Poll workers across California will be getting an education in the next 130 days on gender identity and pronouns. That’s the time between now and the presidential primary for the 2020 election.
On Friday, California Secretary of State Alex Padilla announced a statewide plan to educate polling workers on transgender issues in an effort to combat voter suppression.
“Every eligible voter has a right to cast a ballot free from any unnecessary burdens or intimidation,” said Padilla in a statement. “Elections officials have a duty to facilitate the participation of all eligible voters.”
Last year, LGBTQ think tank the Williams Institute at UCLA predicted that voter ID laws would prevent 78,000 transgender people from voting. Last November, a transgender woman in Vermont was denied a ballot to vote in the first gubernatorial race with a transgender candidate in U.S. history because a poll worker refused to accept the gender marker on her ID. That candidate was Christine Hallquist (pictured below), who ultimately didn’t win her bid for governor.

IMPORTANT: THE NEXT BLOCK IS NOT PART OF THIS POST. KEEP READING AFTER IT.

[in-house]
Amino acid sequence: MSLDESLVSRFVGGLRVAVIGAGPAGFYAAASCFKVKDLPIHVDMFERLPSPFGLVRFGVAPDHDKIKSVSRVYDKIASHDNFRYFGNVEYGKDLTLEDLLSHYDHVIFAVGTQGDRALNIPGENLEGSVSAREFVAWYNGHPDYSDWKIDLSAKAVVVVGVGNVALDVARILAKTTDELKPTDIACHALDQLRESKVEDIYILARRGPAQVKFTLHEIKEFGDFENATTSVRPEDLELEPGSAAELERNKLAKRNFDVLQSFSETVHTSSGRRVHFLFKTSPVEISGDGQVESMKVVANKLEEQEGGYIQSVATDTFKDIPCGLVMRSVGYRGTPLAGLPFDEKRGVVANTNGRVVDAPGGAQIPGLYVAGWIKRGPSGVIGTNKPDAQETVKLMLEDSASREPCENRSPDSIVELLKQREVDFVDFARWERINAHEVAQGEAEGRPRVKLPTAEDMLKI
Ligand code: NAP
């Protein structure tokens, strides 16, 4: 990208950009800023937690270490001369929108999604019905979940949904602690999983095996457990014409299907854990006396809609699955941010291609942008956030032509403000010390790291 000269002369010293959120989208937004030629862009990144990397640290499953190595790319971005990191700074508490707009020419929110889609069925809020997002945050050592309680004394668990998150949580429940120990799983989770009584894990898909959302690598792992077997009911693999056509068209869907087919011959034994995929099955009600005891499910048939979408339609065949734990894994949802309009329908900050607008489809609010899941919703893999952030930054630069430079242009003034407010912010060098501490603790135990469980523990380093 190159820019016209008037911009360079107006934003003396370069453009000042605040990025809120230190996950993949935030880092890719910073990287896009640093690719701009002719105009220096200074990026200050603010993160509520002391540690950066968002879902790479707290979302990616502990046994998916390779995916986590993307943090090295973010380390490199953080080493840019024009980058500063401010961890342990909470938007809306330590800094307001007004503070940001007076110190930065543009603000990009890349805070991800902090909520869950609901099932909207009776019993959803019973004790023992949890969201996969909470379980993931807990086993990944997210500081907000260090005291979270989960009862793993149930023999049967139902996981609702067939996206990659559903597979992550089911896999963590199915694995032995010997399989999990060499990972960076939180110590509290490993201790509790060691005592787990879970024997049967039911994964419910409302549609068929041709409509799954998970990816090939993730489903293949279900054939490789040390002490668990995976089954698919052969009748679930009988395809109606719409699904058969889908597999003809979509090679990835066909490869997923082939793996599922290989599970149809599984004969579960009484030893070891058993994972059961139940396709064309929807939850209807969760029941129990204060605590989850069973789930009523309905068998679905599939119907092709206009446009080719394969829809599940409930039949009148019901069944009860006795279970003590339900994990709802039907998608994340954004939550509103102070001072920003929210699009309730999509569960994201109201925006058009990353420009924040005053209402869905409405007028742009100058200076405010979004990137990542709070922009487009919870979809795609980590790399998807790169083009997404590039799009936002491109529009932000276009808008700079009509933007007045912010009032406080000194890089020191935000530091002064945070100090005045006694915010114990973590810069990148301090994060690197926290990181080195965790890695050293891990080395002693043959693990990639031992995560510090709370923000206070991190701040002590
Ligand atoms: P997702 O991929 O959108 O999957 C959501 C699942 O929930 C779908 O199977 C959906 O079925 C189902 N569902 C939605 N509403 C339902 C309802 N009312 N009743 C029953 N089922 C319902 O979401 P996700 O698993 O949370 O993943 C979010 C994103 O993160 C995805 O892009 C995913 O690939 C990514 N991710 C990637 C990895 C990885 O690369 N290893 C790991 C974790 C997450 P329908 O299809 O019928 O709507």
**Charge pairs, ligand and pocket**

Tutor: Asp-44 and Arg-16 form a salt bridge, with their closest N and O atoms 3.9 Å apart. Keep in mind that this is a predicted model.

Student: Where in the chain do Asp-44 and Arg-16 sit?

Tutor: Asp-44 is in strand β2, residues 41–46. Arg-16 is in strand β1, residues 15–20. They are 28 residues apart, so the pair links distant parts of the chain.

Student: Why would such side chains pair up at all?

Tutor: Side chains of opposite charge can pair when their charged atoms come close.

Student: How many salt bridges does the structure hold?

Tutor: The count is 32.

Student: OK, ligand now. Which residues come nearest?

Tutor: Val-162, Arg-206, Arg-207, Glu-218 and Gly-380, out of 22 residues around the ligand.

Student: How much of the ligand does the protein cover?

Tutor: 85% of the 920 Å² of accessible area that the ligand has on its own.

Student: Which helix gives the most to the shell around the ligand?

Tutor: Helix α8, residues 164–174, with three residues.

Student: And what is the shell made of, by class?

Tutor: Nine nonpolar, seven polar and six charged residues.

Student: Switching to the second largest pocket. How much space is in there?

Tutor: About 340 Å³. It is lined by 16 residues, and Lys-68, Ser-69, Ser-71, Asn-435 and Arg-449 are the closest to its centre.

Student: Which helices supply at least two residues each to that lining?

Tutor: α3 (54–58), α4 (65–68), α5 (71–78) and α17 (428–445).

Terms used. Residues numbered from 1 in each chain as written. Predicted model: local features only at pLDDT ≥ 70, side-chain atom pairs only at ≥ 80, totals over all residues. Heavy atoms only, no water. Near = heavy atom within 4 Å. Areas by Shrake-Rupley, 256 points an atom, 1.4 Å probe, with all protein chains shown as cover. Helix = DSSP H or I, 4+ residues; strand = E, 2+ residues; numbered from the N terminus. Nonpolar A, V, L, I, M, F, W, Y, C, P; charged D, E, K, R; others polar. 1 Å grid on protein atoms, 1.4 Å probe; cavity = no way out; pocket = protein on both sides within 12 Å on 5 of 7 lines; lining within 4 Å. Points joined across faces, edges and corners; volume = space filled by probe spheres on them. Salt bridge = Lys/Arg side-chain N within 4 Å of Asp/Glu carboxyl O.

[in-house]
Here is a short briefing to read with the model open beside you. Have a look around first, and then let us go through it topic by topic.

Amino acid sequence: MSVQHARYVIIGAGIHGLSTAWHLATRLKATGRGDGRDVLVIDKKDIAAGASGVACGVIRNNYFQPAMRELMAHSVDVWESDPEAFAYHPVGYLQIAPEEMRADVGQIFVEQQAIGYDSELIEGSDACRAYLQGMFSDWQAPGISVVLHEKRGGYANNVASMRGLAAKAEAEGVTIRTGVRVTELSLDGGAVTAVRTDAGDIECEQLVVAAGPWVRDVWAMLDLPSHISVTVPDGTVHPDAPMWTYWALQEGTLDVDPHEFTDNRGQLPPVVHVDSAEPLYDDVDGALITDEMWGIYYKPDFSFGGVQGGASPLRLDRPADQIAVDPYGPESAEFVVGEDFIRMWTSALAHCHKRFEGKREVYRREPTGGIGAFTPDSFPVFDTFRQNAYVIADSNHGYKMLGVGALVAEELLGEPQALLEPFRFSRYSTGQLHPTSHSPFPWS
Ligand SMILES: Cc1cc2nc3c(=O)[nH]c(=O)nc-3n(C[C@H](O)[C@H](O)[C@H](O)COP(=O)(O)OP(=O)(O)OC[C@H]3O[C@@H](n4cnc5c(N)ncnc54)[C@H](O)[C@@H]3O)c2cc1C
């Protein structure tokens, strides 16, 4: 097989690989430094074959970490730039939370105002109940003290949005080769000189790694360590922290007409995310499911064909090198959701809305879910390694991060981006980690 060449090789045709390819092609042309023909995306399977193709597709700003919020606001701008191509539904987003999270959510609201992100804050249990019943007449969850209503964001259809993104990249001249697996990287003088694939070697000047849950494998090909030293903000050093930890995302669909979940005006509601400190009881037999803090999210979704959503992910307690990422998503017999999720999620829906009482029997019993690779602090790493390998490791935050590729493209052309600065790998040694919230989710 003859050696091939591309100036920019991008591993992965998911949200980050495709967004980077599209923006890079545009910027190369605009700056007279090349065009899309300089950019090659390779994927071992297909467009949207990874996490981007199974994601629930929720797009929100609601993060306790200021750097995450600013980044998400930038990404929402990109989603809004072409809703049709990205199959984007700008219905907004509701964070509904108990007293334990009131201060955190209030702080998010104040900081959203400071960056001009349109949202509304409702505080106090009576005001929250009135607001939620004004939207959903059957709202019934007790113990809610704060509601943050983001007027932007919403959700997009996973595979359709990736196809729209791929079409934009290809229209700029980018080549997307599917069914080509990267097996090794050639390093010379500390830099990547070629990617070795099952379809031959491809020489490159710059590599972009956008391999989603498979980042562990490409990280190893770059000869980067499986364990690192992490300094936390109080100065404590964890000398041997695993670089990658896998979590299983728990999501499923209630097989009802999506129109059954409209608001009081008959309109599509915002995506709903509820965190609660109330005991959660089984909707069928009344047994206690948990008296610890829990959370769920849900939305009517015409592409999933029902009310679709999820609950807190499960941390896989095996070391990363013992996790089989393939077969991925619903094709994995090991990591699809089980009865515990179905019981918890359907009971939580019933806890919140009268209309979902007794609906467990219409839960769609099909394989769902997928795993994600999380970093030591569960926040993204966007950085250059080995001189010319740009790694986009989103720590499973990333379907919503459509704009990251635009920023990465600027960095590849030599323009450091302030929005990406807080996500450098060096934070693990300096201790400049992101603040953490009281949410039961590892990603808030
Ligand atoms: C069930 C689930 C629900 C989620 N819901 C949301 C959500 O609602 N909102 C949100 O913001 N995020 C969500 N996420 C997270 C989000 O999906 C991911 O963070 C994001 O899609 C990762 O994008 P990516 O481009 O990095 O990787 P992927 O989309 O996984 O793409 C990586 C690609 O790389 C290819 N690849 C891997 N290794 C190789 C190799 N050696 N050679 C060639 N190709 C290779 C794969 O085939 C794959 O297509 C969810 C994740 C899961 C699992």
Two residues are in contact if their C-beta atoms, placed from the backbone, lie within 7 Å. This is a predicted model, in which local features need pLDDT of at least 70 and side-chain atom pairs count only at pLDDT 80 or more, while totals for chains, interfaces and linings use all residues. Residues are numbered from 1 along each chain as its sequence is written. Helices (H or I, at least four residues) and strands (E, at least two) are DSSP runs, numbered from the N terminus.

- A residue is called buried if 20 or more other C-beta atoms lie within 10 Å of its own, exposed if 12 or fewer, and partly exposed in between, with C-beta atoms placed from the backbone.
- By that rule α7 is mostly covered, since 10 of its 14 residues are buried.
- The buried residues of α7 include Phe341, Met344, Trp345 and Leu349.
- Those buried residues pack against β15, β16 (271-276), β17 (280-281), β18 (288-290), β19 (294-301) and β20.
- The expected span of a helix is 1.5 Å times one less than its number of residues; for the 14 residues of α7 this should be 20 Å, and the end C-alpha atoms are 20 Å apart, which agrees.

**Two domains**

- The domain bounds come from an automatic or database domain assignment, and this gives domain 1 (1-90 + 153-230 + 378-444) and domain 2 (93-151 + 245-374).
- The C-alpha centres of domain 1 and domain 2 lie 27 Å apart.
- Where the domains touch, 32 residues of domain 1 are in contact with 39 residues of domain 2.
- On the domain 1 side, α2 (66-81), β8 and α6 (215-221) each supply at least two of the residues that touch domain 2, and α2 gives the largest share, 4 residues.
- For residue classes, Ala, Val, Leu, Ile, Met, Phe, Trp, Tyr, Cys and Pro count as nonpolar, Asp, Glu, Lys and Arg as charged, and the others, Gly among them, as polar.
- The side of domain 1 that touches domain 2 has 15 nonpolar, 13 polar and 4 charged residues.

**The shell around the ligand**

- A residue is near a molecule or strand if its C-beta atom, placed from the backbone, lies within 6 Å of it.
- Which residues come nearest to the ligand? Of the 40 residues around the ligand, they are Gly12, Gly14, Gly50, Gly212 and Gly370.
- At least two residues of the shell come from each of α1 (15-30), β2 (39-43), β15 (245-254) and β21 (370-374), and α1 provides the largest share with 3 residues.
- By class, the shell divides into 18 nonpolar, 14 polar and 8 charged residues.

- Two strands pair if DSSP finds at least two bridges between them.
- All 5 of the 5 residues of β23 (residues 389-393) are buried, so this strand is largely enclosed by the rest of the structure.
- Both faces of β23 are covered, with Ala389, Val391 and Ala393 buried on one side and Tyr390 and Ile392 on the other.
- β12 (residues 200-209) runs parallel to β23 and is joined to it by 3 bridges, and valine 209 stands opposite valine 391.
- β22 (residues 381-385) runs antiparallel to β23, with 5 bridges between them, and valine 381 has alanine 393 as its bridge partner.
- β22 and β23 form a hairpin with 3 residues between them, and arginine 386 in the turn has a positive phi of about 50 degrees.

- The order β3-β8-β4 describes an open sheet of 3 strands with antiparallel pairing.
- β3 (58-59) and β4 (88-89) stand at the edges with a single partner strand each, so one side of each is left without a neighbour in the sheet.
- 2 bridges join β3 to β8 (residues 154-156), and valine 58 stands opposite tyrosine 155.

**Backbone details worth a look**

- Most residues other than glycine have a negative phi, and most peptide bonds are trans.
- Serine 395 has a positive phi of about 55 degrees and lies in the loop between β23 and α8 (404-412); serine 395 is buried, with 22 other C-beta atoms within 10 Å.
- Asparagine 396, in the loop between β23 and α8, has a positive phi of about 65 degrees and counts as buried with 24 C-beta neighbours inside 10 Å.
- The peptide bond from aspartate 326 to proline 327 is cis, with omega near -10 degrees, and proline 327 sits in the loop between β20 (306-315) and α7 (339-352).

Stephanie Keith / Stringer
The Williams Institute currently estimates that 190,000 trans people are eligible to vote in the state of California—and roughly 150,000 of those nearly 200,000 Californians are already registered.
Padilla says that even though California law doesn’t require photo ID for voting, if someone’s name on the voter doesn’t match their gender presentation, they are more likely to encounter problems at the polls when trying to vote.
The new initiative is in partnership with statewide LGBTQ organization Equality California. In addition to training poll workers, the state will be handing out brochures make sure trans voters know their voting rights at the polls, and working to boost LGBTQ voter turnout with nonpartisan messaging.
“No one should be denied the right to vote because of their gender identity or expression — and there’s certainly too much at stake next year to let that happen in California,” said Equality California Institute Executive Director Rick Zbur in a statement. “While other states impose strict, unnecessary voter ID laws targeting people of color and the LGBTQ community, California is making sure every single eligible voter has a chance to cast a ballot.”